Stephen Curry was not a top recruit out of high school. He was never considered a number one draft pick. Not everyone thought he would even succeed in the NBA. Now he is a perennial All-Star and the MVP of the league. He is the best 3-point shooter in the game right now, and perhaps the best of all time. He combines skills in dribbling, passing, and shooting that are individually mastered by many players, but rarely displayed by one superstar night after night. At first embracing the underdog role, he has blossomed into one of the classiest and most exciting players in the NBA. He has already accomplished enough to fill a successful career, and yet it seems like he is just getting started. He is the kid that people thought might not even make it; now he is an NBA champion. Stephen Curry’s career, just like his shot, is on the up.  AN

This article was concurrently posted at NoCoastBias.com on June 25, 2014.

“Sports Science” is a TV series owned by ESPN.


A Cavalier Task

There’s a new guy in Cleveland, and he is faced with the tall order of leading a team amid a completely re-tooled lineup and instantly high expectations. And it isn’t Lebron James, the top draft pick, or the sharp-shooting big man. His name is David Blatt.

Thanks to their perennial losing ways, the Cleveland Cavaliers once again landed the top pick in the NBA draft, nabbing precocious talent Andrew Wiggins, a franchise player. Wiggins already represented a marked upgrade in Cleveland, but it was not long before the Cavs would bring home the off-season’s biggest prize. LeBron’s anticipated “Decision 2.0” capped a summer of free-agent highlights that changed the course of the upcoming season. Suddenly the Cavs became instant contenders in the depleted Eastern Conference. Although LeBron’s previous team, the Miami Heat, struggled with point guard play as the weakest part of the team, LeBron now was teamed with one of the game’s best young point guards in Kyrie Irving. A highly anticipated trade sent Wiggins to Minnesota in exchange for the shooting and rebounding combo in Kevin Love. A new team, a new “Big Three.”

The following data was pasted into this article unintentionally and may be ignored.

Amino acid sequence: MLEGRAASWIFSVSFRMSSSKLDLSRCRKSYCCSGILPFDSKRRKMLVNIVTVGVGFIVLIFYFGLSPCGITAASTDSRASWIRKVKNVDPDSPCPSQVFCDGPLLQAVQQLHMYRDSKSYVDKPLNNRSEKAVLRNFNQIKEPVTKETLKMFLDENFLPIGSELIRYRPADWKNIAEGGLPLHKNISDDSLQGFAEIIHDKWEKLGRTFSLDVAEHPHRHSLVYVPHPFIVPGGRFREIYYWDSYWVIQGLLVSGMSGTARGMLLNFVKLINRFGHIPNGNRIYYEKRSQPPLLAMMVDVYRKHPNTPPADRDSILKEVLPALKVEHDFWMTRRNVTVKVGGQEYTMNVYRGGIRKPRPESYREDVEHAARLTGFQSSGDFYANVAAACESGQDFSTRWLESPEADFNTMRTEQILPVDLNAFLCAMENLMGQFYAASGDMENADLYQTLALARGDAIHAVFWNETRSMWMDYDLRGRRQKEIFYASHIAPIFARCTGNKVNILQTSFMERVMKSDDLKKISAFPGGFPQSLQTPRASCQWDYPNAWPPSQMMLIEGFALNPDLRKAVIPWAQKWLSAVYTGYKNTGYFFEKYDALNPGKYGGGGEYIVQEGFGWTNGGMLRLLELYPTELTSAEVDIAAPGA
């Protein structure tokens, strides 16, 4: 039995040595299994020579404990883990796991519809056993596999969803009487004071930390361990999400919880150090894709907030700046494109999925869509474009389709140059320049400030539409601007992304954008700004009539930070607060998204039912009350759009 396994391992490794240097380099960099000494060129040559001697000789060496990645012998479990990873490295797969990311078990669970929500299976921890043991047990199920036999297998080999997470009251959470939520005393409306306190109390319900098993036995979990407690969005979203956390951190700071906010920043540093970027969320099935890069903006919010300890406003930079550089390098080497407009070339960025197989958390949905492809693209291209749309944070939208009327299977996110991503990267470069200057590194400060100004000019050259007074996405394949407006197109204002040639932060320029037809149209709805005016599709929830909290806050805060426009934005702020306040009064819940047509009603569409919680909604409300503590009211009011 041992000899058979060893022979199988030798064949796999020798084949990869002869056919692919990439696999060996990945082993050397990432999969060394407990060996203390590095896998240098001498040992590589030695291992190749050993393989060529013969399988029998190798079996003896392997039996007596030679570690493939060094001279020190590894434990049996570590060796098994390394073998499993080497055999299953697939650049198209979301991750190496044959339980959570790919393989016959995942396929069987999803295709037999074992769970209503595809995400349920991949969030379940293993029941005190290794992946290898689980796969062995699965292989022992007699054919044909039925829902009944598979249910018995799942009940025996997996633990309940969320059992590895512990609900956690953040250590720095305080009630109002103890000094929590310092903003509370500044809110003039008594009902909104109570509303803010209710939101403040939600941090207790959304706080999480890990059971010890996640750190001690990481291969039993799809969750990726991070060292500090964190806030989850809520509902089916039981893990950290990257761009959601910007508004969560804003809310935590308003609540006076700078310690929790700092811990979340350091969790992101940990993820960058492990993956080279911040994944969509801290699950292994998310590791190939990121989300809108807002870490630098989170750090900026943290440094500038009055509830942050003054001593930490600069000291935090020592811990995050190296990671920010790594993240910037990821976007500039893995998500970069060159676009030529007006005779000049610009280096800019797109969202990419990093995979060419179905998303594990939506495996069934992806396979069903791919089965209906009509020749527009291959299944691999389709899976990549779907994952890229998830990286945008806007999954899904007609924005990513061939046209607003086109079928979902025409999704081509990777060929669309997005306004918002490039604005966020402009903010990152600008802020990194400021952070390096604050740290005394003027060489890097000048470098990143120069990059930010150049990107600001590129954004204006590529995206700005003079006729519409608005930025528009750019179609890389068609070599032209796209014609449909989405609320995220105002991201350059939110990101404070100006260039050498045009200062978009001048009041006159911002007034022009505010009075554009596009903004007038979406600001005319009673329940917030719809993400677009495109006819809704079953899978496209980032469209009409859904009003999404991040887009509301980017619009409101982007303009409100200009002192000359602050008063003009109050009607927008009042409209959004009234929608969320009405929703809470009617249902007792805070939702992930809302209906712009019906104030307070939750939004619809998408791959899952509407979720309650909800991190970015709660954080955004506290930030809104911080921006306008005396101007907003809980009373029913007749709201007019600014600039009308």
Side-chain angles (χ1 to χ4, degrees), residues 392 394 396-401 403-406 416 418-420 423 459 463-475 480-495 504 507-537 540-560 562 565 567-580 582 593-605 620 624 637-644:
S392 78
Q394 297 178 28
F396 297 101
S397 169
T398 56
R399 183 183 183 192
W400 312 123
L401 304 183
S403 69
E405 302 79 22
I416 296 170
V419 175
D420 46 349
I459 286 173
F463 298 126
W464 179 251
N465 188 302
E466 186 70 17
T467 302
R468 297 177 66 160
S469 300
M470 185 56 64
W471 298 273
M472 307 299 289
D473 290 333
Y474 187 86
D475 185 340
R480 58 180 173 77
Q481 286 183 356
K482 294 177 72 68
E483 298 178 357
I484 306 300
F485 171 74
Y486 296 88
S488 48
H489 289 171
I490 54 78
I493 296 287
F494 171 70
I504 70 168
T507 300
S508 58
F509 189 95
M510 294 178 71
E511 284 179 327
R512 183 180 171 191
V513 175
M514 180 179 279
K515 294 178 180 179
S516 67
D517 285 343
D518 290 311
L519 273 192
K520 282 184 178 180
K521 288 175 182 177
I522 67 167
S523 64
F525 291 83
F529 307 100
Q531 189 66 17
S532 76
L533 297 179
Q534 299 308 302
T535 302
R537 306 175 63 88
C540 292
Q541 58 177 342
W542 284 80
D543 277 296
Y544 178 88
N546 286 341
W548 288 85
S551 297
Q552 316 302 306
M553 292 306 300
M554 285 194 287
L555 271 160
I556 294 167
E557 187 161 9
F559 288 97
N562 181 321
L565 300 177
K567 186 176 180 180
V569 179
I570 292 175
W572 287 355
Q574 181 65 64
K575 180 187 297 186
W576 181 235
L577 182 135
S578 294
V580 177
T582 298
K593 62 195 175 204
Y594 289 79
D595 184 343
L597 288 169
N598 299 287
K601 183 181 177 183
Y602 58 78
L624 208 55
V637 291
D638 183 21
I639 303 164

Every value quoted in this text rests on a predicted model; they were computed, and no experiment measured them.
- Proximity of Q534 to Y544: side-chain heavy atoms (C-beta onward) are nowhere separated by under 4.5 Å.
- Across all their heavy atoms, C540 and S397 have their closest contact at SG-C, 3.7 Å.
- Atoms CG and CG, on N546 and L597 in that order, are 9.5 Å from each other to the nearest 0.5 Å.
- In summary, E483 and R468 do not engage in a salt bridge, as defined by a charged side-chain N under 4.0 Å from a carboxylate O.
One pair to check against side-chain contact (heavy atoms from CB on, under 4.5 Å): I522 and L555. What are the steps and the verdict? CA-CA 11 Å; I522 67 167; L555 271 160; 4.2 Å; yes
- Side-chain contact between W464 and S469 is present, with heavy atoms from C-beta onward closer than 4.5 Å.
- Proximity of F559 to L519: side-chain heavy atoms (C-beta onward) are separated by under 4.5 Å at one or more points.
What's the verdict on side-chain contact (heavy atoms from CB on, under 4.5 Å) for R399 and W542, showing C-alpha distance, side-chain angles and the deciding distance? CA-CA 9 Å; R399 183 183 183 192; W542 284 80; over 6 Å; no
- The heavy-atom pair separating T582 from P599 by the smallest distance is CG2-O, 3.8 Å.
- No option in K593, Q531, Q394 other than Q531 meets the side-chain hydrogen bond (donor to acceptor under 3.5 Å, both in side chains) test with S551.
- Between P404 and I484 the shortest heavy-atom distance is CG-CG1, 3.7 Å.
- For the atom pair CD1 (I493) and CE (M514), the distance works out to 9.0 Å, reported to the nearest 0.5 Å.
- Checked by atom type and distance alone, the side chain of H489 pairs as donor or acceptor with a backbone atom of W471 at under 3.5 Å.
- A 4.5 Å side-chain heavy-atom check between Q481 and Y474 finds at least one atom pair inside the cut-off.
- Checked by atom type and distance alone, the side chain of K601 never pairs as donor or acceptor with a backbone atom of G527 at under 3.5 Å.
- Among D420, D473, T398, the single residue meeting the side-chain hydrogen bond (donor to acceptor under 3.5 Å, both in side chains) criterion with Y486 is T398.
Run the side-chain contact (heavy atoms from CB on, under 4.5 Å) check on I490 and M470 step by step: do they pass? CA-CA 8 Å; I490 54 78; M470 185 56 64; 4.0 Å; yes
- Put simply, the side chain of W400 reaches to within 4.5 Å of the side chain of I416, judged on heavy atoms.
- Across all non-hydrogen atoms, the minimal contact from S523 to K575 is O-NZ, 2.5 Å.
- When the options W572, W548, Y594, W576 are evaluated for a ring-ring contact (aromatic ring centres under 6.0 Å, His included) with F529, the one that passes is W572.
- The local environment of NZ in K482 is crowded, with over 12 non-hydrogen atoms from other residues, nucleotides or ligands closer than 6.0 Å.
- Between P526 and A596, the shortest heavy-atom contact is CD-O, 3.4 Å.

David Blatt was hired to a Cavs team that had seen the ups and downs of the past decade. NBA head coach is one of the most competitive jobs in the country, complete with a short leash and constant scrutiny. There is no one single formula for ascending the coaching ranks of pro basketball. Many are former players (some less than two years out of retirement). Others work their way up as assistant coaches. Highly successful college coaches might get a shot too (but not all will take it). For every Phil Jackson and Gregg Popovich, there are dozens of others who last a year or less, or who are fired after missing the playoffs too many times, or simply cannot win enough games to placate a fan base demanding a championship. This makes a coach’s first year in the NBA extremely important, not just for the sake of future job security, but also for adjusting to the stressful, complicated behemoth of the job that goes far beyond standing in front of the bench 82 times a year. And this makes David Blatt’s case much more intriguing.

Unless you went to Princeton or spent time following the Israeli basketball circuit, you probably did not know much about the former point guard who studied English literature when he wasn’t learning the Princeton offense from coach Pete Carril. Successful in European basketball, his coaching career also led him to a bronze medal with the Russian national team at the 2012 Olympics. But he had yet to coach in America when Dan Gilbert picked him to lead the Cavaliers. He may have had his doubters at first, but the focus was quickly shifted to bigger news (Hint: it involved some guy named James). A team with a completely new lineup had just got a brand new coach. David Blatt has begun his first job in the NBA, and it happens to be coaching a team with a very good shot at making it to the finals. Not many people get a chance to coach in the NBA, and fewer get to inherit a team that will contend for a championships many times in the next few years. Not many people get to coach one of the best players in history, who just happens to be in his prime and more determined then ever to win a championship for his hometown. Blatt also gets one of the league’s best point guards in Kyrie Irving, and a dependable 20/10 big man in Kevin Love, who can also hit 3-pointers. Cleveland also has some young talent in Dion Waiters, Matt Dellavedova, and Tristan Thompson.